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How to Split Cells in Google Sheets [2 Methods]

To split cells in Google Sheets, highlight the cell, select the “data” menu, and click “split text to columns”. Otherwise, use the SPLIT function. I’ll demo both in my guide below.

In Short: How to Split Cells in Google Sheets

Here’s how to split a cell horizontally in Google Sheets:

  1. Highlight the cell(s).
  2. Select Data > Split text to columns

Splitting Cells in Google Sheets with the SPLIT function

Google Sheets has a SPLIT function that’s great for splitting data in a cell.

Split Function Syntax

The split function is used in the Google Sheet split text to columns function by dividing texts around a specified character or string.

=SPLIT( Text, Delimiter, [split_by_each], [remove_empty_text])
  • Text: The text you want to split. In this field, you’ll just select those cells you want to address.
  • Delimiter: To split your text, you’ll need to identify a character (or space) you want to use to split the text.
  • Split_by_each: The argument used to indicate whether the delimiter should be used as a whole word or individual characters (using TRUE or FALSE).
  • Remove_empty_text: The argument used to decide whether to remove empty text messages from the split text.

Understanding Delimiters

Delimiters might sound confusing, but they’re basically just individual characters the function uses to figure out where you want to split the data. In many cases, that means you’ll use two quotation marks around a space to use a space as a delimiter (” “).

If you choose to use the Data > Split Text to Columns menu, it automatically offers a few common delimiters.

How to Use the Split Function

Suppose you have a dataset of names and want to split them into first and last names.

You can use the data menu to do this, or just split a cell in half in Google Sheets using the below SPLIT formula. Note that you can use the same formula for other cells in the same column as well. Here’s how the formula looks:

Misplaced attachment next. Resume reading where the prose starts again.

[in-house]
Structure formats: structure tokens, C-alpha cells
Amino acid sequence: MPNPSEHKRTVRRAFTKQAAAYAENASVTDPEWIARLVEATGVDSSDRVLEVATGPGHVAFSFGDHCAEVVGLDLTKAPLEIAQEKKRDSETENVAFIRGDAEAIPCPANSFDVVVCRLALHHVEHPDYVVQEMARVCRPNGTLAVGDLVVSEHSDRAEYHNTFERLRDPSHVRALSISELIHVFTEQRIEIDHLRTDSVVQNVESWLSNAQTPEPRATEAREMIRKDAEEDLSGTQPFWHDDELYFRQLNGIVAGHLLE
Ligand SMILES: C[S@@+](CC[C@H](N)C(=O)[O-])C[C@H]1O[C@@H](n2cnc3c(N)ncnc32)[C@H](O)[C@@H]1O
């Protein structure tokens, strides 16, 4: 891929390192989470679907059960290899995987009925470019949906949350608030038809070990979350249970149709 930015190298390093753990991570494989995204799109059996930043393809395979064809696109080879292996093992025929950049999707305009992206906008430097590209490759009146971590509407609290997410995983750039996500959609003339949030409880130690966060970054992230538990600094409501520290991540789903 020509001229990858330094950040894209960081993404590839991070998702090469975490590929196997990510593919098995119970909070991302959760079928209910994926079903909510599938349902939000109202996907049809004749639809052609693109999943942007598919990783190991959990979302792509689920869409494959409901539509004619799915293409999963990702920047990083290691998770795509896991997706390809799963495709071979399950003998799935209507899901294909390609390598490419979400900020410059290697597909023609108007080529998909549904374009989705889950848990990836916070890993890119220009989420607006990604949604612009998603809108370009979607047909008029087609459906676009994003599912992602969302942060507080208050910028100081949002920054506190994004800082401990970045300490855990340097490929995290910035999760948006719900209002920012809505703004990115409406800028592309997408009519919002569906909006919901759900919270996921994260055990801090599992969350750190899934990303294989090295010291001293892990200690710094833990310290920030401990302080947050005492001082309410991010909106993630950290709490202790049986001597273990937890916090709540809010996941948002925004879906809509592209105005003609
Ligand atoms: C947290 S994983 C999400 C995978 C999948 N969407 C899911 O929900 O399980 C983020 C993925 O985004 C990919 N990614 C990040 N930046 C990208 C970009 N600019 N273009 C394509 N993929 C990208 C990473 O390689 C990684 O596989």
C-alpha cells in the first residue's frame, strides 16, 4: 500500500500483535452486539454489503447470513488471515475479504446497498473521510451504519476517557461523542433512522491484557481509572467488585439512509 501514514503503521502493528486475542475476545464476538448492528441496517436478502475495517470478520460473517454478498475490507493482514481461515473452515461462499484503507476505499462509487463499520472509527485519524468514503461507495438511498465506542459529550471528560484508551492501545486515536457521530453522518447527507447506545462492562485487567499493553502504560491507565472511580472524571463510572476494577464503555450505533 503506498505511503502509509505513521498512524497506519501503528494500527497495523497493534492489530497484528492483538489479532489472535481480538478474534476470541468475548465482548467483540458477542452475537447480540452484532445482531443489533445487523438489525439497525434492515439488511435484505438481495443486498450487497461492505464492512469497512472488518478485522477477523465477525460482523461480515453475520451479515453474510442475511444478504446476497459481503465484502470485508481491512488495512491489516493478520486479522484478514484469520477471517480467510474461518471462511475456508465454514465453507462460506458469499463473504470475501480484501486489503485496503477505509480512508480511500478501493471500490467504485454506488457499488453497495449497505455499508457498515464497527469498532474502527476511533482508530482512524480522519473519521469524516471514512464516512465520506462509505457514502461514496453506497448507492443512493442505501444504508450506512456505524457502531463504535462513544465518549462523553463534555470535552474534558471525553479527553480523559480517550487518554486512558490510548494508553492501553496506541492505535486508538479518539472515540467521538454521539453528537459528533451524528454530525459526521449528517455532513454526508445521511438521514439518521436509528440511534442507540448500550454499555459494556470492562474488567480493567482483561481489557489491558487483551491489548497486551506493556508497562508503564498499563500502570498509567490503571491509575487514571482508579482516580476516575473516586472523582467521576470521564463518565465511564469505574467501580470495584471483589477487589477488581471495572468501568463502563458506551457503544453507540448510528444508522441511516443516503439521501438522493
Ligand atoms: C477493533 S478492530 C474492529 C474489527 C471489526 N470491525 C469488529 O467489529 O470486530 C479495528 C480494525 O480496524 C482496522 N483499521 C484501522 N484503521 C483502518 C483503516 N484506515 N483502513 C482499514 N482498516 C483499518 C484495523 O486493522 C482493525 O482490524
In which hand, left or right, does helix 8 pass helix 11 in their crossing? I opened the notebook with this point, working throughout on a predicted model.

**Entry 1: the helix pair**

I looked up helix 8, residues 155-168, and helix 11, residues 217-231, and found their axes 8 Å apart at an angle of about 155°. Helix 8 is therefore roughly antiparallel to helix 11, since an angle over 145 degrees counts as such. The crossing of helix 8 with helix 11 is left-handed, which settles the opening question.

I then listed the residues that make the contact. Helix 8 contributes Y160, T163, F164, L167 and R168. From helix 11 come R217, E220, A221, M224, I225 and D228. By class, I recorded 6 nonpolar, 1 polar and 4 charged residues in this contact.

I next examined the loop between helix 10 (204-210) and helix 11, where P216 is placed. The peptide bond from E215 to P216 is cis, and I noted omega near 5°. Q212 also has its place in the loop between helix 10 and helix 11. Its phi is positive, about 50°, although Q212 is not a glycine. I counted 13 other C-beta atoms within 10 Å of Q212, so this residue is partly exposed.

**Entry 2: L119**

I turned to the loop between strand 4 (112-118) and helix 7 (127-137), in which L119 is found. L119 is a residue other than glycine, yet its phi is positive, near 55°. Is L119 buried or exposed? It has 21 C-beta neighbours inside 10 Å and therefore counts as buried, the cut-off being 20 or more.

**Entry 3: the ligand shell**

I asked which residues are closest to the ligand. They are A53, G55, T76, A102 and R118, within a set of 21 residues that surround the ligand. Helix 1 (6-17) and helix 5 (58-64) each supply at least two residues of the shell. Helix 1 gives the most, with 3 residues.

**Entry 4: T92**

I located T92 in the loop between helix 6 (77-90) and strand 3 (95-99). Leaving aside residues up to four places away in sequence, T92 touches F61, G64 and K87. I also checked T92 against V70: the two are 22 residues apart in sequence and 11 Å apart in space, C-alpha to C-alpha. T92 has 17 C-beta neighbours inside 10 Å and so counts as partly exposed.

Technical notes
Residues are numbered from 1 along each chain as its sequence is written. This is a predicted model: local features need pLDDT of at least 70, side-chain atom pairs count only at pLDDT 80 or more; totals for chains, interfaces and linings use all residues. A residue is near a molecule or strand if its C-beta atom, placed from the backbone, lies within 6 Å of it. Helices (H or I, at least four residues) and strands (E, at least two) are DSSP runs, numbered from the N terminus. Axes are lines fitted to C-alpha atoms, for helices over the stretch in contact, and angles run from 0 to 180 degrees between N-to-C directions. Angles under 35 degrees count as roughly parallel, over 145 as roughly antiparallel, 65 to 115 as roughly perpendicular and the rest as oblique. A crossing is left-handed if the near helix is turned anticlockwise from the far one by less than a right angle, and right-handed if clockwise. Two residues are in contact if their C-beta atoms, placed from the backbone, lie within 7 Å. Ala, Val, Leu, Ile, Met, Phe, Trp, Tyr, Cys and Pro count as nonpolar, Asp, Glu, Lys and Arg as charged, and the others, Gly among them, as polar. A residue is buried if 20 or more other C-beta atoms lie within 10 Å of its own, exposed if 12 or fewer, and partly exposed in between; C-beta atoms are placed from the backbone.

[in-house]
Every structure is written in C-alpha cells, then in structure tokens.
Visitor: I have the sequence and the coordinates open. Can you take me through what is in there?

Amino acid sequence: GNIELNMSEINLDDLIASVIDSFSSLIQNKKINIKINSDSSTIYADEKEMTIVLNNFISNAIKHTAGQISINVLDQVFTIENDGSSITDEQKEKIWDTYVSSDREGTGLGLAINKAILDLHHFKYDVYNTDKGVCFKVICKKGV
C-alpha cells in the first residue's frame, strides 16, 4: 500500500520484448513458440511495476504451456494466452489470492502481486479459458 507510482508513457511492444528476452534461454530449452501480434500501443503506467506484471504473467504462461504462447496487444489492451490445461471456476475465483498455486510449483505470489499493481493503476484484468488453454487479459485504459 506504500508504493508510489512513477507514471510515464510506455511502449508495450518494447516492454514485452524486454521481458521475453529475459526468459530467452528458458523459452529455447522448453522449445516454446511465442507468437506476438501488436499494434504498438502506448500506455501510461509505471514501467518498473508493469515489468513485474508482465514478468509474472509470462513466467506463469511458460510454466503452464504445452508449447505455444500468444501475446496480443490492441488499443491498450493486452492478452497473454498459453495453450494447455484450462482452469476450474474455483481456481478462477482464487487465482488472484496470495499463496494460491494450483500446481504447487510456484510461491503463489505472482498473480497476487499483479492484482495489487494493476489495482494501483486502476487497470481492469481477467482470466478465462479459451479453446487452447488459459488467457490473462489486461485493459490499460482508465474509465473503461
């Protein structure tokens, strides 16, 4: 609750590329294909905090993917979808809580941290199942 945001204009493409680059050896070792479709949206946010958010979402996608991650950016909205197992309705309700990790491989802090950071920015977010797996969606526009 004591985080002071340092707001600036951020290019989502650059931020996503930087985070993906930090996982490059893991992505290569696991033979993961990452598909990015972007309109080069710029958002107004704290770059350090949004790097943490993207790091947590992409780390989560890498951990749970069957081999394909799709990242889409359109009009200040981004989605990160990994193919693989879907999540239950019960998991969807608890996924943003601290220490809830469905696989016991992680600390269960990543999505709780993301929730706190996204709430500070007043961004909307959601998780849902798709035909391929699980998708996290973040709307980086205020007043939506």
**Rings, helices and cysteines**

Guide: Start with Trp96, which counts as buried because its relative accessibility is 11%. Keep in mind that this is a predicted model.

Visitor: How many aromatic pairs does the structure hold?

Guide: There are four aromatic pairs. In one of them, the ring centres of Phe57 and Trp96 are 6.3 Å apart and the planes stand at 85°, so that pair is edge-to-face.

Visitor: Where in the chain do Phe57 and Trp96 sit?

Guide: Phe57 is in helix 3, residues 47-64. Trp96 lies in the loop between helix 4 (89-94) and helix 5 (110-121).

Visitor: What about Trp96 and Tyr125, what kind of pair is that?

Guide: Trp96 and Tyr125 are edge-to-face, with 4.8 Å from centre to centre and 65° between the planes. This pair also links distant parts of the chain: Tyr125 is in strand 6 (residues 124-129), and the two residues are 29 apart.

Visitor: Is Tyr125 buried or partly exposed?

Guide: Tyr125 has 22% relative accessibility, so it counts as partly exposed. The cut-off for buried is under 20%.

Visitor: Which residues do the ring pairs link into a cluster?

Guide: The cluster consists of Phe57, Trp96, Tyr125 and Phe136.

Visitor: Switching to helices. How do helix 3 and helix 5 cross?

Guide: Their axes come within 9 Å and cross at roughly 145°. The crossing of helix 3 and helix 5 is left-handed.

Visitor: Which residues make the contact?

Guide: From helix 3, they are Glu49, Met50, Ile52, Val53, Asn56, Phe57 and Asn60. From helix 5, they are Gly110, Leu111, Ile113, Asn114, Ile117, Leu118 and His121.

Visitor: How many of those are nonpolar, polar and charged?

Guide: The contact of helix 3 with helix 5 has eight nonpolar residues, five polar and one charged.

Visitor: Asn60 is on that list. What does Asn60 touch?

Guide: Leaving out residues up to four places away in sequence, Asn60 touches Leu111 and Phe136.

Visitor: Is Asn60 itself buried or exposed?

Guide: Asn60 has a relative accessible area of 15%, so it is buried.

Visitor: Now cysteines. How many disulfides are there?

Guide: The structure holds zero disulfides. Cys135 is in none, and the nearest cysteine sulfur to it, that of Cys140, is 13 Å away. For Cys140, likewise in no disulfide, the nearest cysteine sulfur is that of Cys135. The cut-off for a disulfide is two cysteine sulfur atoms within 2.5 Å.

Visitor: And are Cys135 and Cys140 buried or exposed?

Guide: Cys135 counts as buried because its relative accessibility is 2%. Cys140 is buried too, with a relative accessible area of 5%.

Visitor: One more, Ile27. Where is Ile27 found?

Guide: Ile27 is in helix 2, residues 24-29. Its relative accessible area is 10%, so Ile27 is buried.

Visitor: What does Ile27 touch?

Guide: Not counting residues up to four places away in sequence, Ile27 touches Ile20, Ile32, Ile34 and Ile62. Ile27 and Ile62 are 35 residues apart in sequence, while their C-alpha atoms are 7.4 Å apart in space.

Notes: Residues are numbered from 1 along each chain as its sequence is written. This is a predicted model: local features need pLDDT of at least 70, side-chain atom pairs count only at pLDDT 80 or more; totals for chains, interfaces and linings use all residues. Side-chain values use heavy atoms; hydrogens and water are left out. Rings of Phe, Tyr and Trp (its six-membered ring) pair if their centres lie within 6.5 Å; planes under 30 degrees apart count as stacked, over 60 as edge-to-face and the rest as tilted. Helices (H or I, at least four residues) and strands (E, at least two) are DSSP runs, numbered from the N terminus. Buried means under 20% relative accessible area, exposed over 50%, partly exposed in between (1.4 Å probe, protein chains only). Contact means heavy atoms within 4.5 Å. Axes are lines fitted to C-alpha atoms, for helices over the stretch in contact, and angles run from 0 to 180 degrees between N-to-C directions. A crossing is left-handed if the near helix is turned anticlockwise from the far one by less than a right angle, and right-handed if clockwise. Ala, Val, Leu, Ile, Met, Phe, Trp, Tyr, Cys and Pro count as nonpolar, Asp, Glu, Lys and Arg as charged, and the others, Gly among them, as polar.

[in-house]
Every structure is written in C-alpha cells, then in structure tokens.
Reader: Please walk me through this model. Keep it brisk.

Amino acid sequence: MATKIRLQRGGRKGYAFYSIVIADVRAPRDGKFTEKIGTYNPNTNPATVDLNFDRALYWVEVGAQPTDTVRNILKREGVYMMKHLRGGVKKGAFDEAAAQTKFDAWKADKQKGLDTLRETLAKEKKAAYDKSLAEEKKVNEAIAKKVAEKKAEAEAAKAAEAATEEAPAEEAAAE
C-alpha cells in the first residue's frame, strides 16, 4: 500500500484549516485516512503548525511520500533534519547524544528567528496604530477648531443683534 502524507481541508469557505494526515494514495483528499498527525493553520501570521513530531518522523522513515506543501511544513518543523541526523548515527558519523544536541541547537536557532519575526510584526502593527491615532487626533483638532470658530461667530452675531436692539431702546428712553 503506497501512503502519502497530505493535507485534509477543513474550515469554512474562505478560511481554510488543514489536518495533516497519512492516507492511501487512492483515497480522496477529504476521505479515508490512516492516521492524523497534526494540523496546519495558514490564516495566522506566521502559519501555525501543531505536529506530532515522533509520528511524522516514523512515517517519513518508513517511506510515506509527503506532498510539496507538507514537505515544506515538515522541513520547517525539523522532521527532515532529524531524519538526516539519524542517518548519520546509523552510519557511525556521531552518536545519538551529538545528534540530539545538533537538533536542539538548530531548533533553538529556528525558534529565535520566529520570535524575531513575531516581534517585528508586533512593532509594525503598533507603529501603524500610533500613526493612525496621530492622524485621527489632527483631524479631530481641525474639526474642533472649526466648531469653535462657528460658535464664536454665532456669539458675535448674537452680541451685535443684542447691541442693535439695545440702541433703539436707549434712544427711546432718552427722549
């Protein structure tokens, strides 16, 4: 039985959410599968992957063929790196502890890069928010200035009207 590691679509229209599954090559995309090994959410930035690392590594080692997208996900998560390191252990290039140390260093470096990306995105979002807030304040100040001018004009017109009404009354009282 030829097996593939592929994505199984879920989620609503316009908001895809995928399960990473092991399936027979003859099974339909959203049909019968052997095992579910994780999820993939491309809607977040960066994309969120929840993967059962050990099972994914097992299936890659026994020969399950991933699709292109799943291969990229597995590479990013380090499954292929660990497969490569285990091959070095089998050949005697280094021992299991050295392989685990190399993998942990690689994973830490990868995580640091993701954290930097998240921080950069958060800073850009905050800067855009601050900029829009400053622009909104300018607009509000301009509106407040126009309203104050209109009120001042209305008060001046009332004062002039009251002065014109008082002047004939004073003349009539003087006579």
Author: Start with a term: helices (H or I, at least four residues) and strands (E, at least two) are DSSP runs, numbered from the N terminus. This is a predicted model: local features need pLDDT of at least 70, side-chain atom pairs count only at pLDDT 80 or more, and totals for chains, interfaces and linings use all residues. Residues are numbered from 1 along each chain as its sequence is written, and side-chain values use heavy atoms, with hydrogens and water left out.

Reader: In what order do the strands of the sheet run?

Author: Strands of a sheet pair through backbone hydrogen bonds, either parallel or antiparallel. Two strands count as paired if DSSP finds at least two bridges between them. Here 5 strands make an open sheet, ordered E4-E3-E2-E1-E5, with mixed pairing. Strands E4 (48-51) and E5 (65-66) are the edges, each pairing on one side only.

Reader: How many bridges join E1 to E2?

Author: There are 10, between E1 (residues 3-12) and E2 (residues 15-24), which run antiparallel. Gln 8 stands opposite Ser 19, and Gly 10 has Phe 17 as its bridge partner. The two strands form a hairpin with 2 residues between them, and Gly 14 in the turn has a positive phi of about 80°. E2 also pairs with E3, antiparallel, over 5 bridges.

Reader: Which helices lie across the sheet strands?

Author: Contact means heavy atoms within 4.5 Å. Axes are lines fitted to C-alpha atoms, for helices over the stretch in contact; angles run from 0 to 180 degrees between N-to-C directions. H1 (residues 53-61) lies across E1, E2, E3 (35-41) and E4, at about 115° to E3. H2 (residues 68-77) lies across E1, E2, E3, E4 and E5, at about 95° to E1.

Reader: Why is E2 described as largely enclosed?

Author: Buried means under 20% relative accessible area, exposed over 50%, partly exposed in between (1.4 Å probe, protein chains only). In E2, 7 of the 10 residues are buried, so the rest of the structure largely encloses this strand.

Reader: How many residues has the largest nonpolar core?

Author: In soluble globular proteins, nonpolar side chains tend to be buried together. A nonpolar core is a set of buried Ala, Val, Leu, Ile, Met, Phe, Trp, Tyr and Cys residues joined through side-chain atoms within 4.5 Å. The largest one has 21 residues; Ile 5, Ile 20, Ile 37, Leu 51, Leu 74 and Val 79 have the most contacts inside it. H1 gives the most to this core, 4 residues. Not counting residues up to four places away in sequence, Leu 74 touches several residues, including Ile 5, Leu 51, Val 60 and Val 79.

=SPLIT(A2," ")

Note: This SPLIT function uses the cell reference as the first argument and the delimiter as the second argument. Since we want to split the cell content before and after the space character, I’ve specified a space character – in double quotations – as the second argument.

If you have a column where each element is separated by a comma, you can use that comma as the delimiter (which would split the cell into different columns).

Note: Because this is an array formula, you can’t remove or edit the formula result. You would first need to convert the result into a static value, then edit it.

Using SPLIT Function & ARRAYFORMULA Function

To apply SPLIT and ARRAYFORMULA to all column A cells simultaneously, replace A1:A with your actual data’s range. This will split Column A’s text wherever a comma is seen, splitting values across multiple columns (starting from B1).

Remember to adjust the delimiter within the SPLIT function to whatever character you prefer (e.g., comma).

Remember: The SPLIT Formula Is Dynamic

A major benefit of using the SPLIT formula is that the results are dynamic. This means that if I changed any of the names, the results would automatically update.

If you add more records to the split data, you can copy and extend the formula for these additional records.

Using Split Text to Columns

If you don’t want dynamic results, you can rely on another useful feature in Google Sheets: text to columns.

Suppose you want to split the address across separate columns:

The intent here is to split the address across columns:

  • House number
  • Street
  • City
  • State
  • ZIP code